Fire crews from across Tyler County were kept busy Oct. 25 and 26 as they battled a brush fire and a fire at a gas drilling site within hours of one another.
According to Alvyn Schopp, vice president of Antero Resources, the fire occurred at the company's Forest Pad off of W.Va. 23 just after 7:45 p.m. Schopp said a security guard on the premises noticed that a dump valve on a production tank was stuck open, releasing gas through a vent in the condensation tank.
The security guard left the area to inform operations personnel because he had no cell phone signal, and in that time the the tanks had caught fire. A landowner reported seeing the flames, and Shirley and Alma fire departments responded.
Schopp said there was no explosion in the fire as the tanks are constructed to contain any liquids or gas in the event of an emergency. Crews drained the tanks to secure the contents before extinguishing the flames with foam, Schopp said. The fire was contained and extinguished by 11 p.m.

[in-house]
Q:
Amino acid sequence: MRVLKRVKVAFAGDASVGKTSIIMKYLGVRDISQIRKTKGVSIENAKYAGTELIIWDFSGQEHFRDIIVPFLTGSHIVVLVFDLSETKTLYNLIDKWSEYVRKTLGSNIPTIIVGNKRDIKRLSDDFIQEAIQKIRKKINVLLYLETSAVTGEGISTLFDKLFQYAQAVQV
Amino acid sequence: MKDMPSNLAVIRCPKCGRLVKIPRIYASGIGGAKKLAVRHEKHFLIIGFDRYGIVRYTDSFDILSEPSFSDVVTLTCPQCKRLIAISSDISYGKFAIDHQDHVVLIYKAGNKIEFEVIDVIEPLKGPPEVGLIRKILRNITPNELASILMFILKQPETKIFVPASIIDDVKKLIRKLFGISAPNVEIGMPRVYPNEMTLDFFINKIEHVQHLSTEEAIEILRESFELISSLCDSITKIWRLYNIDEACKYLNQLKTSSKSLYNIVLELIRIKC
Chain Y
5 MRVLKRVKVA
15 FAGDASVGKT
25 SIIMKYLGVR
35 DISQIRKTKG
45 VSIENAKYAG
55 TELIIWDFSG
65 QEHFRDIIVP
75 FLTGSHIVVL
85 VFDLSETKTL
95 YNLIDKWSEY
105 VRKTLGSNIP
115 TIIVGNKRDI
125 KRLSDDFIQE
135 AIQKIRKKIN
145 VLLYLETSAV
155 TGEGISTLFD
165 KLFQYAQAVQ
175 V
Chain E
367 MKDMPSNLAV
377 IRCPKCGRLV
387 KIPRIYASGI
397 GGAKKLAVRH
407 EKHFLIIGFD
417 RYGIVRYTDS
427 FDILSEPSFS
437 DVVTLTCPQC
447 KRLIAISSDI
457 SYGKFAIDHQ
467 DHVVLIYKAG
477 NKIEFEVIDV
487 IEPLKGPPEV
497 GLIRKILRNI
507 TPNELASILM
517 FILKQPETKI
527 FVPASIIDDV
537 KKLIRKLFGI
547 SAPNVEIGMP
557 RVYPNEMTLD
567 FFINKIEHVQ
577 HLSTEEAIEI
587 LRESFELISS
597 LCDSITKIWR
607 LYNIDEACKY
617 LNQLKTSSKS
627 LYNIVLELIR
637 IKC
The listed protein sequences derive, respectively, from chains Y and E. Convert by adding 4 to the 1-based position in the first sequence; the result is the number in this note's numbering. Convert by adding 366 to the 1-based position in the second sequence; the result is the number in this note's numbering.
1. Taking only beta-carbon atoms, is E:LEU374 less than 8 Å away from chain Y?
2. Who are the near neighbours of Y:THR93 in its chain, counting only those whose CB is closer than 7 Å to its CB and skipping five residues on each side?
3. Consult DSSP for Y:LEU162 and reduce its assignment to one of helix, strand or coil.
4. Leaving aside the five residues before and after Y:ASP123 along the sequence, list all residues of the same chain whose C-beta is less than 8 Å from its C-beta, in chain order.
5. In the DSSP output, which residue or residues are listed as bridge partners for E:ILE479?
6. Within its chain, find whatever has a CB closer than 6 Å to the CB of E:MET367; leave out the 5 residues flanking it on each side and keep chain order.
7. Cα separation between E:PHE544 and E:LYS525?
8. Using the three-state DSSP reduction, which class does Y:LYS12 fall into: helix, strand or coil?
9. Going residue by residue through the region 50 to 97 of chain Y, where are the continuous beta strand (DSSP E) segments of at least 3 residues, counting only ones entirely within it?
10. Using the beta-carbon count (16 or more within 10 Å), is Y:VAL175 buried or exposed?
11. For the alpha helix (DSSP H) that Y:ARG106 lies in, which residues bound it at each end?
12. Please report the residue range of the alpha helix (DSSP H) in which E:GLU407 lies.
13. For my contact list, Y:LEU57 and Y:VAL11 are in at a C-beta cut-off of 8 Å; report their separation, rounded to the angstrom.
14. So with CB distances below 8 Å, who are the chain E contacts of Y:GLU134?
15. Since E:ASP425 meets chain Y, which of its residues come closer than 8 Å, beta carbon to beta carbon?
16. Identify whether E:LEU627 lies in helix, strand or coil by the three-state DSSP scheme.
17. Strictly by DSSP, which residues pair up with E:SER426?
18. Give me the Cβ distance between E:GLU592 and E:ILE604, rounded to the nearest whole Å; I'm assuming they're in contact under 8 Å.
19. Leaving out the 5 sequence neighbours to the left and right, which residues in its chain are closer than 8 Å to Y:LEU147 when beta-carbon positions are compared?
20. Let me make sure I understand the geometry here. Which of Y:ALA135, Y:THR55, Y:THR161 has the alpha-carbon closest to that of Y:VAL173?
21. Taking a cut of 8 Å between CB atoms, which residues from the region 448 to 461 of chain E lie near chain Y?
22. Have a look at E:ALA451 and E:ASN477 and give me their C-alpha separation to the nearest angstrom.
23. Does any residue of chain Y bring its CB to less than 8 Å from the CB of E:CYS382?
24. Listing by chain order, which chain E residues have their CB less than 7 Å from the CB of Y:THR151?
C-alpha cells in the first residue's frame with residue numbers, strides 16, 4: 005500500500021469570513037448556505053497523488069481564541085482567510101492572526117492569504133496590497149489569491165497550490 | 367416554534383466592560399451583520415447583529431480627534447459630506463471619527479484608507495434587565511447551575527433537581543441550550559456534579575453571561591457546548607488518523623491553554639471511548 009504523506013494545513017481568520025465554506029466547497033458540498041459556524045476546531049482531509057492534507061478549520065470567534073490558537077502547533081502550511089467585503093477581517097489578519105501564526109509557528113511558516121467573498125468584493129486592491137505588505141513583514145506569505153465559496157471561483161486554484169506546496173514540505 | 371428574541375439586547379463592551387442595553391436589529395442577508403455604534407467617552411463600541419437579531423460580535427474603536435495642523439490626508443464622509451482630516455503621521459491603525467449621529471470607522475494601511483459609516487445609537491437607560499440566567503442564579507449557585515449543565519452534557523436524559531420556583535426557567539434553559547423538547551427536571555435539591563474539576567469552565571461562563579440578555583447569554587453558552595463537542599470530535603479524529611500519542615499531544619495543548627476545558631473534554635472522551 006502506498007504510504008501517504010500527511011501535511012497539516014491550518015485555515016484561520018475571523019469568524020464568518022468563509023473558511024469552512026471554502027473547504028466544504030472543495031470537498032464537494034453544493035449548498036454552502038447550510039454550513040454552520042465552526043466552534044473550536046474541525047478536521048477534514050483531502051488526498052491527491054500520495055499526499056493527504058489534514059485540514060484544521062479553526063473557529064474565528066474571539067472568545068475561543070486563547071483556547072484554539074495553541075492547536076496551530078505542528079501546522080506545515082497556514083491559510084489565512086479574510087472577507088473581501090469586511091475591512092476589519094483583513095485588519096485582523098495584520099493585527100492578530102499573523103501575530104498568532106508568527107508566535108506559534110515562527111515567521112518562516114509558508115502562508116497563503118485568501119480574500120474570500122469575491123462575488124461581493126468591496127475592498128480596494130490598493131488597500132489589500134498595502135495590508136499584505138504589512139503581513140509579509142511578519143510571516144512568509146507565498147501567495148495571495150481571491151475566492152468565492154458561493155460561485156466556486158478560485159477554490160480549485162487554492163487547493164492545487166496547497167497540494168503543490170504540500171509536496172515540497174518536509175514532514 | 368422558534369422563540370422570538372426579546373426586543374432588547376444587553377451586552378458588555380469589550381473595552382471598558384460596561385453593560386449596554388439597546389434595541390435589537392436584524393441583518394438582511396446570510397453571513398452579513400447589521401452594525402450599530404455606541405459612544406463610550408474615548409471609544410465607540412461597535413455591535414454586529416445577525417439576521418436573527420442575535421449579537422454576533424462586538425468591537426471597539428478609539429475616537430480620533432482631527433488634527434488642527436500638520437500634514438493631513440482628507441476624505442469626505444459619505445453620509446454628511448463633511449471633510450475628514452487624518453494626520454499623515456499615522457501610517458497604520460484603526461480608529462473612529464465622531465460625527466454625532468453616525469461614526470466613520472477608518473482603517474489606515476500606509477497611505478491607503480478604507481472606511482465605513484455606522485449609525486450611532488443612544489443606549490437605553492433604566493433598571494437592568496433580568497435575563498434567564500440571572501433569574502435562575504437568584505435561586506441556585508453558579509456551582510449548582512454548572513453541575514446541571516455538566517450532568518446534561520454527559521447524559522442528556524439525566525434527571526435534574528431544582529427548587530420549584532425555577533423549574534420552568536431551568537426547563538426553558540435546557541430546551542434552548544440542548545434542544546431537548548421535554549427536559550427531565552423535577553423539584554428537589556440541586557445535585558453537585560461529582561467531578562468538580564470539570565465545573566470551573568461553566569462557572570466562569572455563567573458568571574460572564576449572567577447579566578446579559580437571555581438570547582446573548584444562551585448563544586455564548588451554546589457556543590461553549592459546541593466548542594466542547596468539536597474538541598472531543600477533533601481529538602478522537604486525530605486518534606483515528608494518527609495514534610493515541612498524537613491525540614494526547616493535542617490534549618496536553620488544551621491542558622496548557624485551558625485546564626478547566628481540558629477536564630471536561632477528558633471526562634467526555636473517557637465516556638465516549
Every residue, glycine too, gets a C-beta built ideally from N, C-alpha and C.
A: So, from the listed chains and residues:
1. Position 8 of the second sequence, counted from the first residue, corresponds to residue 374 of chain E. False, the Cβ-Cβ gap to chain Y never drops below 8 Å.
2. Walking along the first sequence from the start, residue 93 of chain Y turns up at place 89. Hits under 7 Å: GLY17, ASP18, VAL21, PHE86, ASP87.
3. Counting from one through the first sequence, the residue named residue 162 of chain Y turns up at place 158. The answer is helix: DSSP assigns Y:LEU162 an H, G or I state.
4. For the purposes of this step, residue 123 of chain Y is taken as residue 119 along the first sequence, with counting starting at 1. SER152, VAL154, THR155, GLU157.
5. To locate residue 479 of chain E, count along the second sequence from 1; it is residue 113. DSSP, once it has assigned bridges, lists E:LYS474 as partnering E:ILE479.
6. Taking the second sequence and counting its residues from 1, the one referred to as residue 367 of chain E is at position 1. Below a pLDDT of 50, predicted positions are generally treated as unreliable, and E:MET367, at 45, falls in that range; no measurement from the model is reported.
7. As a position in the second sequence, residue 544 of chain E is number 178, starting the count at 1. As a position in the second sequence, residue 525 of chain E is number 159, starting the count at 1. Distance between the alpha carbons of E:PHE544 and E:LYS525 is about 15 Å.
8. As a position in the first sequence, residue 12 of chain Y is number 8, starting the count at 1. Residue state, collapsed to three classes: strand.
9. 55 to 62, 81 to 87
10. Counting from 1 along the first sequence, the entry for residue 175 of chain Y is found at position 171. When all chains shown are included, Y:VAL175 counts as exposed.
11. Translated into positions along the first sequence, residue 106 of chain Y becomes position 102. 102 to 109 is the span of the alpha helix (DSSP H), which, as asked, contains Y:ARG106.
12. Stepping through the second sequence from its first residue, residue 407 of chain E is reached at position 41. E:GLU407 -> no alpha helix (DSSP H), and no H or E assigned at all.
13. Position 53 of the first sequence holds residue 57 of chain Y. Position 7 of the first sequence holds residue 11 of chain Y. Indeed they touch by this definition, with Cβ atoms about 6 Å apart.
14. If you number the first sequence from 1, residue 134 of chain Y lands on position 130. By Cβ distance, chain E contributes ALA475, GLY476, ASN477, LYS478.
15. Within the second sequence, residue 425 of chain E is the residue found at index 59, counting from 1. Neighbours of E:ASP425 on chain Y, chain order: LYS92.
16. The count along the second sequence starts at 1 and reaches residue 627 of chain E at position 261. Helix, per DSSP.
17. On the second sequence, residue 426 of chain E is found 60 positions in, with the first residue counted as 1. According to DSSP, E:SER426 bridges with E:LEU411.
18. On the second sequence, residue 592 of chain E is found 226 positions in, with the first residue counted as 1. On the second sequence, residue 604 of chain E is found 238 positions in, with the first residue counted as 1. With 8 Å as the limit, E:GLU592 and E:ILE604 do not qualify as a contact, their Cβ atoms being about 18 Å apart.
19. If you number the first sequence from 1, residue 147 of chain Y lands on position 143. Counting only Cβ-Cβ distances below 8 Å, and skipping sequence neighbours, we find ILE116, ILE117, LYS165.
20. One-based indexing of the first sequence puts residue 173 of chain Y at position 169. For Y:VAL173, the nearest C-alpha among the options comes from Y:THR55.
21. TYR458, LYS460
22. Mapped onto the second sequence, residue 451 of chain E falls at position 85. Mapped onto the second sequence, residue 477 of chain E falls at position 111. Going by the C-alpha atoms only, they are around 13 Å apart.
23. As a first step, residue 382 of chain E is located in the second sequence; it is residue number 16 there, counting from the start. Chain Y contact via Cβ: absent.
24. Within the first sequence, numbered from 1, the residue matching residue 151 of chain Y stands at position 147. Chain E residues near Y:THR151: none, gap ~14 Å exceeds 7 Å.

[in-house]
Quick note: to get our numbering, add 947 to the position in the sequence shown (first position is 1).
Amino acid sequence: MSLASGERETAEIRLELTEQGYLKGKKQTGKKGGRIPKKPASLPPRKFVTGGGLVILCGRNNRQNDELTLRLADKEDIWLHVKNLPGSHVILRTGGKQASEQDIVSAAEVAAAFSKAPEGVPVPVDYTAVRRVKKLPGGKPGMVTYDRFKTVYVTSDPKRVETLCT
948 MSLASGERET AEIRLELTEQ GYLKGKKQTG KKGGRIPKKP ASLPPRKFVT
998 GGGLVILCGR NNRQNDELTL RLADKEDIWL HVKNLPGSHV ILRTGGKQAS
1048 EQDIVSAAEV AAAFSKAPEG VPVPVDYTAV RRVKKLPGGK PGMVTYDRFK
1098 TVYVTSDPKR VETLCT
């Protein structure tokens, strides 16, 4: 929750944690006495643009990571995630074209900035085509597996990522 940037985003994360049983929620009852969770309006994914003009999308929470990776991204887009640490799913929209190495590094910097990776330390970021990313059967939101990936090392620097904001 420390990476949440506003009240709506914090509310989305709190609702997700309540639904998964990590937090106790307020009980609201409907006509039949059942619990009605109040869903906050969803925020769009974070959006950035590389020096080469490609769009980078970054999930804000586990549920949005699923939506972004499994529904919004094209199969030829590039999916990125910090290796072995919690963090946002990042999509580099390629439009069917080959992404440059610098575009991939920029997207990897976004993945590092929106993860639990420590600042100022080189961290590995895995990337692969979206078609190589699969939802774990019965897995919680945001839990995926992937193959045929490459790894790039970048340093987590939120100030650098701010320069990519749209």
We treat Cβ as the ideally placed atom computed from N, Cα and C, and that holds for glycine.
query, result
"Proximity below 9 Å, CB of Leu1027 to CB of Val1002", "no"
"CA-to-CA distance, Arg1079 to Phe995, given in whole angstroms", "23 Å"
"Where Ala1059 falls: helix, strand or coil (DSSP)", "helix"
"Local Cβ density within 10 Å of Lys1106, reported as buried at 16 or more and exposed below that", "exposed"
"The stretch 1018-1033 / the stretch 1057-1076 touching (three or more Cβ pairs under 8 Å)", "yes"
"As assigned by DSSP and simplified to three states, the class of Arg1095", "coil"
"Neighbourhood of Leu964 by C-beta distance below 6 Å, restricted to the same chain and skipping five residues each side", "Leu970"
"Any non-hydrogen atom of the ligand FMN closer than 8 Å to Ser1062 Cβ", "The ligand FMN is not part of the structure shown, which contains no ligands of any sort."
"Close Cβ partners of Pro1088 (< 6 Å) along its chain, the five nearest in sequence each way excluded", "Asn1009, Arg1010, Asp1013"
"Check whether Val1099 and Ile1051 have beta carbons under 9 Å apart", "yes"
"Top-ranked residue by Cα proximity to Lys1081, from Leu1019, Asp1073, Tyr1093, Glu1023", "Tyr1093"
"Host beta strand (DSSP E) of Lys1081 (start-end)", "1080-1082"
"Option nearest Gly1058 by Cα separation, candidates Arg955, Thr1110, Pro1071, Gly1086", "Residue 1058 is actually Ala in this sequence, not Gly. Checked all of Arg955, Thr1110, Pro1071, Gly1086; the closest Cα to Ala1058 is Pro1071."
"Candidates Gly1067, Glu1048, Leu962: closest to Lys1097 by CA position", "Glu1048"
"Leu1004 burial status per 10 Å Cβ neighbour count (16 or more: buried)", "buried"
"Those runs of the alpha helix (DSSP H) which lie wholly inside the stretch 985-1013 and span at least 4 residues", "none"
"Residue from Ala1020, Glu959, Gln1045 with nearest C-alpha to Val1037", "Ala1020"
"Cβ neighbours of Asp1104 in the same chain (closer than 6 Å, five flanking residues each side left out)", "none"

"The big issue was with the confinement rigs we use, and they worked as they should have," Schopp said. "No liquids or foam were released and there are no environmental concerns."
The call for the fire at the well site came as crews were finishing up at the site of brush fire in a wooded area along the Ritchie and Tyler county lines near Pennsboro.
According to Chief Jimmy Wade of the Shirley Fire Department, crews arrived at the scene at about 3:30 p.m. and worked for four hours to control the blaze. A cause of the fire is still not known, but the West Virginia Division of Forestry continues to investigate, Wade said.
On Monday, officials said at least 100 acres of land were affected during Thursday's fire and on Friday when the fire rekindled.
"You'll have things like that when the weather is dry," Wade said.
No injuries were reported as a result of either incident.